Yale New Haven Health strikes deal to acquire Connecticut health systems from Prospect Medical Holdings

The deal, which requires regulatory approval, includes three hospitals. The systems would move to non-profit status.

Yale New Haven Health System has reached a deal to acquire two Connecticut health systems from Prospect Medical Holdings, a for-profit organization.

In the deal announced Thursday, Yale New Haven Health would acquire three hospitals. The two health systems, Waterbury HEALTH and Eastern Connecticut Health Network (ECHN), would transition to non-profit status.

Yale New Haven and Prospect said they are seeking approval from regulators in Connecticut. Yale New Haven is Connecticut’s largest health system.

“Now more than ever, it’s critical for us to find ways to creatively sustain local access to high-quality care,” Christopher O’Connor, president and CEO of Yale New Haven Health System, said in a statement.

“This transaction offers unique advantages to the residents of the communities served and allow for continued patient access to critical healthcare services while being strengthened by the quality-of-care YNHHS is known for nationally,” he said.

If the deal is approved, Yale New Haven Health would take over these hospitals and organizations:

  • Waterbury Hospital (also known as Waterbury HEALTH) in Waterbury, Conn., with 357 certified beds
  • Manchester Memorial Hospital (also known as ECHN) in Manchester, Conn., with 249 certified beds
  • Rockville General Hospital in Vernon, Conn., with 102 certified beds
  • Prospect Provider Group of Connecticut (Alliance Medical Group and ECHN Medical Group)
  • Visiting Nurse and Health Services of CT

Yale New Haven Health and Prospect said they are working with Connecticut’s Office of Health Strategy and the Connecticut Department of Public Health to obtain regulatory approval. They plan to file a “Certificate of Need” with the state this fall.

If regulators sign off on the deal, the three hospitals will become part of the Yale New Haven Health System. Yale New Haven Health said Waterbury HEALTH and ECHN will be able to expand primary care and specialty care services.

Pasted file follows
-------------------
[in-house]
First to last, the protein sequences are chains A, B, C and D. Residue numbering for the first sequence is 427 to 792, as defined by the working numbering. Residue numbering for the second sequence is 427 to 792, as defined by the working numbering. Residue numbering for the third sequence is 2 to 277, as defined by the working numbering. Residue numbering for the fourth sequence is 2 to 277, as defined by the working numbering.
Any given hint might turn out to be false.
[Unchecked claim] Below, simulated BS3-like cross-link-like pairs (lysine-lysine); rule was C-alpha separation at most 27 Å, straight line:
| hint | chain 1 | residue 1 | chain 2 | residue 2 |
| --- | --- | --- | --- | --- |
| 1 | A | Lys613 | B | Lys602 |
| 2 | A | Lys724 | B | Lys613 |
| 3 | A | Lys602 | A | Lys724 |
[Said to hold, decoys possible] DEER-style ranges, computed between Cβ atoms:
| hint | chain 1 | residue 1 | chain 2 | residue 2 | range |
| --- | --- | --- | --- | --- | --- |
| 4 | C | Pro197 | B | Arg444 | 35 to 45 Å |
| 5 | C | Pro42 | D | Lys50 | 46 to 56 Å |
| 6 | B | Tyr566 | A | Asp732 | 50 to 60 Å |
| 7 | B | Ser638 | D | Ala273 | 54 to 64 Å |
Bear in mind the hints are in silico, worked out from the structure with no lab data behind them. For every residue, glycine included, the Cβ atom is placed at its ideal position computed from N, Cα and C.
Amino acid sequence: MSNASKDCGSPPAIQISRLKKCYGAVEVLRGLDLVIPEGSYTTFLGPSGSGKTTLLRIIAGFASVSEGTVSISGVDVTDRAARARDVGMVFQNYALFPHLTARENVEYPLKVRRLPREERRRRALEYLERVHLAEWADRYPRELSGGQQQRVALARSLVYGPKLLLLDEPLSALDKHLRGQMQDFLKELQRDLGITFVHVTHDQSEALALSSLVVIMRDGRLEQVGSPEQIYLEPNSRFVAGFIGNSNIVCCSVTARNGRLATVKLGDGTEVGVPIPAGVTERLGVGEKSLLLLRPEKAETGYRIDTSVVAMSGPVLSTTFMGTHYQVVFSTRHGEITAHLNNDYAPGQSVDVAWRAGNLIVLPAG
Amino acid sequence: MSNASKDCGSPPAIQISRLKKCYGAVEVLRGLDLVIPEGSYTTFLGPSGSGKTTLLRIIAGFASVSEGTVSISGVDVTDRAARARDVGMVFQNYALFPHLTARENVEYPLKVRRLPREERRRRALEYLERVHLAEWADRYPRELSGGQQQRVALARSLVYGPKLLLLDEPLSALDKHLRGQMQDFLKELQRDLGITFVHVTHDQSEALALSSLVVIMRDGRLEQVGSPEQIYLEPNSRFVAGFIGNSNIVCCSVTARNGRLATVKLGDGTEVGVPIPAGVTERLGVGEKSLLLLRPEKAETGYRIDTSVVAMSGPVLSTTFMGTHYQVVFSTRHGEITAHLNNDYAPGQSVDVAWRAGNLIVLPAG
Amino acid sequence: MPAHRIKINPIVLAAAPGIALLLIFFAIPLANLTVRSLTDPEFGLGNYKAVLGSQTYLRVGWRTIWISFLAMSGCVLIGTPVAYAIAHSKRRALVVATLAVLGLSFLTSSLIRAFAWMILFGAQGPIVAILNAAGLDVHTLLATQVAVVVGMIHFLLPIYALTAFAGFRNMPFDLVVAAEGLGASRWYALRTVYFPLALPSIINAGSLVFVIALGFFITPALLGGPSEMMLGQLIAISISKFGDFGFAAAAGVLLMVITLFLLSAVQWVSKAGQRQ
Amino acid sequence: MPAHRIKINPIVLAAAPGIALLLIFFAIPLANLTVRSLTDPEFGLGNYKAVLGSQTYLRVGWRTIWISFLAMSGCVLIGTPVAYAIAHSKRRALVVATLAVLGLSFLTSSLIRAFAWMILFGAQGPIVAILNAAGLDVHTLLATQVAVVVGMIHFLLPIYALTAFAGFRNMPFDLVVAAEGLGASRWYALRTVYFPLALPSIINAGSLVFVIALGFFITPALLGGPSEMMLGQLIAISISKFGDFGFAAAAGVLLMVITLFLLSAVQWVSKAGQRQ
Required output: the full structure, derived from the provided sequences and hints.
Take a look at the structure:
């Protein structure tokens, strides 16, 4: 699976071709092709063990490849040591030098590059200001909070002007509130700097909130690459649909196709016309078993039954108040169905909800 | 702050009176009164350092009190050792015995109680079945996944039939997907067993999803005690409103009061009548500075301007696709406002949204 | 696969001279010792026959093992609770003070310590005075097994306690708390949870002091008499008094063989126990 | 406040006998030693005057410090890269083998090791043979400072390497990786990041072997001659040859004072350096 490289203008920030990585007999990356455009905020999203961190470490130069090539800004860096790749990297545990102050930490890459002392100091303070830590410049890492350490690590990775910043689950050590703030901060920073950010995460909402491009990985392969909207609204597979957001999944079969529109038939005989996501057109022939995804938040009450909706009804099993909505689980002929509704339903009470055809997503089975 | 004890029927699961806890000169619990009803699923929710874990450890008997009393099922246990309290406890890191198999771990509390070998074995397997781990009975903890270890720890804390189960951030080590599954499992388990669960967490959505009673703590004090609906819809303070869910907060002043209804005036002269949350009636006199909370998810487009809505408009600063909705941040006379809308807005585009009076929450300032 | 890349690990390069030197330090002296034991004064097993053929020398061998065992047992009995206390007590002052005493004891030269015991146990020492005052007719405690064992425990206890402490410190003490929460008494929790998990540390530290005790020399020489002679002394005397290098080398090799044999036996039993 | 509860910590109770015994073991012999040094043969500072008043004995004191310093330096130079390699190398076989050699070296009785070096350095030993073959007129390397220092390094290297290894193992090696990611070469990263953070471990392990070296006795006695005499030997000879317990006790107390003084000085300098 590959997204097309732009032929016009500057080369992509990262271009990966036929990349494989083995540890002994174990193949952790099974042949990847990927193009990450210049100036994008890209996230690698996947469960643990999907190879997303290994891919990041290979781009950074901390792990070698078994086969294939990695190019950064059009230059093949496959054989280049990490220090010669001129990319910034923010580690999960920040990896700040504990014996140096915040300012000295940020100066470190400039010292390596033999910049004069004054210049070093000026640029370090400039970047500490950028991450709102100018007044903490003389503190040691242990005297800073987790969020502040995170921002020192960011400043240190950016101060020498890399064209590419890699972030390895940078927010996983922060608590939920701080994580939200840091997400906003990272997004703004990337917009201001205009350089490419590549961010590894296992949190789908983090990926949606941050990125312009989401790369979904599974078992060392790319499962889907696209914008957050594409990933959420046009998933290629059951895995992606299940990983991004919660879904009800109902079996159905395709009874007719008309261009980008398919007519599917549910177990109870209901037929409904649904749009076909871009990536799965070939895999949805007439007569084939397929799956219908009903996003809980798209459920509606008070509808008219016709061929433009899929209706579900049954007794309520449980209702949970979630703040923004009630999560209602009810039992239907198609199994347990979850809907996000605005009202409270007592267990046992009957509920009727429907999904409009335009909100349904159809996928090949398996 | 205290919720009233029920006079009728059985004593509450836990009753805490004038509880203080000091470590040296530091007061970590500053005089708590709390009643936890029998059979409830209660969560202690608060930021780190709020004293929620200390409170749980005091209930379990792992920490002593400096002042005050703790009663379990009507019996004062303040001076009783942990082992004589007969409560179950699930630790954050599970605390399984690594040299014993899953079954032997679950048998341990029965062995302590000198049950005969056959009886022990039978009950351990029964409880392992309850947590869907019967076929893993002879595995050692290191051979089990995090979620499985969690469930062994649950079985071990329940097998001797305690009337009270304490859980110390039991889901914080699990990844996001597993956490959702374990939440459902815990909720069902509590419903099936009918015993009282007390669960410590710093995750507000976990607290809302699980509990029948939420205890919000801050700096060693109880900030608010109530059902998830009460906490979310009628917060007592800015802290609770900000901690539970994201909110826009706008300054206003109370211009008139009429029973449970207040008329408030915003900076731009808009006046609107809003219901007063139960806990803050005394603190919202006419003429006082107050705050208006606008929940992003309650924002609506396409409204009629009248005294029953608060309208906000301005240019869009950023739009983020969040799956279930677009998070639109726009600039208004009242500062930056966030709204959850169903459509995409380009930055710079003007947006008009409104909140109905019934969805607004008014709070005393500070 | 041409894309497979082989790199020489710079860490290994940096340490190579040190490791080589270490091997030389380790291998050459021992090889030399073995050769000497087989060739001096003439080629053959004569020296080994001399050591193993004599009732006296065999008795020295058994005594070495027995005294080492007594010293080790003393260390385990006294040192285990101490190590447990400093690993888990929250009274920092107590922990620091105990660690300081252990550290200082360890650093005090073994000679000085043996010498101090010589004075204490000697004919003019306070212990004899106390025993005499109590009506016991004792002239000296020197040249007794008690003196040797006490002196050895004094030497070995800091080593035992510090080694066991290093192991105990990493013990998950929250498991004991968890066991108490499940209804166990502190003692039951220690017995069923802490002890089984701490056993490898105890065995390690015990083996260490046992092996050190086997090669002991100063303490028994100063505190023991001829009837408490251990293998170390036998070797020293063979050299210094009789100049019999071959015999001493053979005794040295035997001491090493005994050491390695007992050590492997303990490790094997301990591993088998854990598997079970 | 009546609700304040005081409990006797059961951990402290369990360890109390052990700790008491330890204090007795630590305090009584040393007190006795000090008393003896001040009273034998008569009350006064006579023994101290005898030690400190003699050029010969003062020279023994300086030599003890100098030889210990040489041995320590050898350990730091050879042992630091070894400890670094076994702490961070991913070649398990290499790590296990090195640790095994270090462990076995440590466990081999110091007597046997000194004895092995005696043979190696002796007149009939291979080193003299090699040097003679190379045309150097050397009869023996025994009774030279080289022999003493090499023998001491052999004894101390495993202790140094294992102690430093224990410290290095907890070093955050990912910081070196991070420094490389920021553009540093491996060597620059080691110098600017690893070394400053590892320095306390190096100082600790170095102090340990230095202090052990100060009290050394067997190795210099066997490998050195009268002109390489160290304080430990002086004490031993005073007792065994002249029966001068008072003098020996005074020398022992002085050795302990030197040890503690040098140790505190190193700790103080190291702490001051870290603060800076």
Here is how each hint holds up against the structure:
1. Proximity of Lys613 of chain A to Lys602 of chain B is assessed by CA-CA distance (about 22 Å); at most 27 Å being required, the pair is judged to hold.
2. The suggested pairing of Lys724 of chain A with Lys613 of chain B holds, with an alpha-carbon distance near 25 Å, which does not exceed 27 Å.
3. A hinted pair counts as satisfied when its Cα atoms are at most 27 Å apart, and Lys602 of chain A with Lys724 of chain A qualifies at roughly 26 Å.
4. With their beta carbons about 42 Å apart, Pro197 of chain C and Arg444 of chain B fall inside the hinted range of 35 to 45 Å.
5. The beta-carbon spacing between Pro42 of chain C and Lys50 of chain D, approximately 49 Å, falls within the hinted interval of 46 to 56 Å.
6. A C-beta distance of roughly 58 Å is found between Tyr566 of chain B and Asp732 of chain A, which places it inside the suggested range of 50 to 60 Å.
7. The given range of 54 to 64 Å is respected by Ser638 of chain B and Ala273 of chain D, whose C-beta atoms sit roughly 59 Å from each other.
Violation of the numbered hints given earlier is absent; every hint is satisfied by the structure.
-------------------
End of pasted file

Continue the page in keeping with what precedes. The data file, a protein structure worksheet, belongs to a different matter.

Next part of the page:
The leaders of the two health systems expressed enthusiasm for the move to Yale New Haven Health.

“Waterbury Hospital is deeply committed to caring for our communities and adapting to the rapidly evolving healthcare landscape," Justin Lundbye, president and CEO of Waterbury HEALTH, said in a statement. "Along with ECHN, we are proud of what we’ve accomplished, including investing millions of dollars in our communities, preserving jobs, increasing quality ratings, and being leaders in Connecticut’s response to the pandemic. We are confident YNHHS will continue this legacy.”

Deborah Weymouth, president and CEO of ECHN, said in a news release that she is excited about joining Yale New Haven.

“We are proud of our accomplishments and appreciative of the significant investments made by Prospect to preserve jobs and respond to the needs of the community throughout the pandemic while increasing both quality ratings and improvements to the patient experience,” Weymouth said in the statement.

Yale New Haven Health said it aims to improve the delivery of healthcare. The system also said it is focused on preserving jobs in local communities, supporting workers’ pension funds and evaluating the capital needs of the facilities that would join the system.

“Working with our partners at the Yale School of Medicine, this will create a seamless and integrated delivery system that will serve the best interests of our patients in the most cost-effective manner possible throughout the state of Connecticut and the entire region,” O’Connor said in the news release.

Prospect Medical Holdings has been looking to shed some of its other hospitals.

Earlier this year, ChristianaCare, the Delaware health system, reached an agreement to acquire Crozer Health in the Philadelphia area from Prospect. However, ChristianaCare and Prospect announced in August that the acquisition wasn’t going to happen. The organizations said "the economic landscape has significantly changed, impacting the ability of the sale to move forward."

At least partly due to the COVID-19 pandemic, it’s been a fairly quiet time for hospital mergers. In the first half of 2022, only 25 hospital mergers and acquisitions were announced, according to Kaufman Hall, a consulting firm. That essentially matches the pace in 2021, when 49 hospital deals were announced, down from 79 in 2020.

Analysts expect the pace of hospital mergers to pick up in the future, as some financially troubled hospitals and systems may need to find partners to stay afloat.

While fewer hospital mergers have been taking place, the transactions moving forward have been bigger deals. Trinity Health just completed the acquisition of MercyOne last month.

However, federal regulators have been taking a closer look at hospital mergers, particularly transactions involving hospitals or systems in the same markets. The Federal Trade Commission has objected to some recent proposed mergers, prompting the health systems to abandon the deals because of the regulatory opposition.

President Biden has directed regulators to take a close look at mergers, including hospital consolidations, to preserve competition and ensure consumers don't see higher prices and reduced services.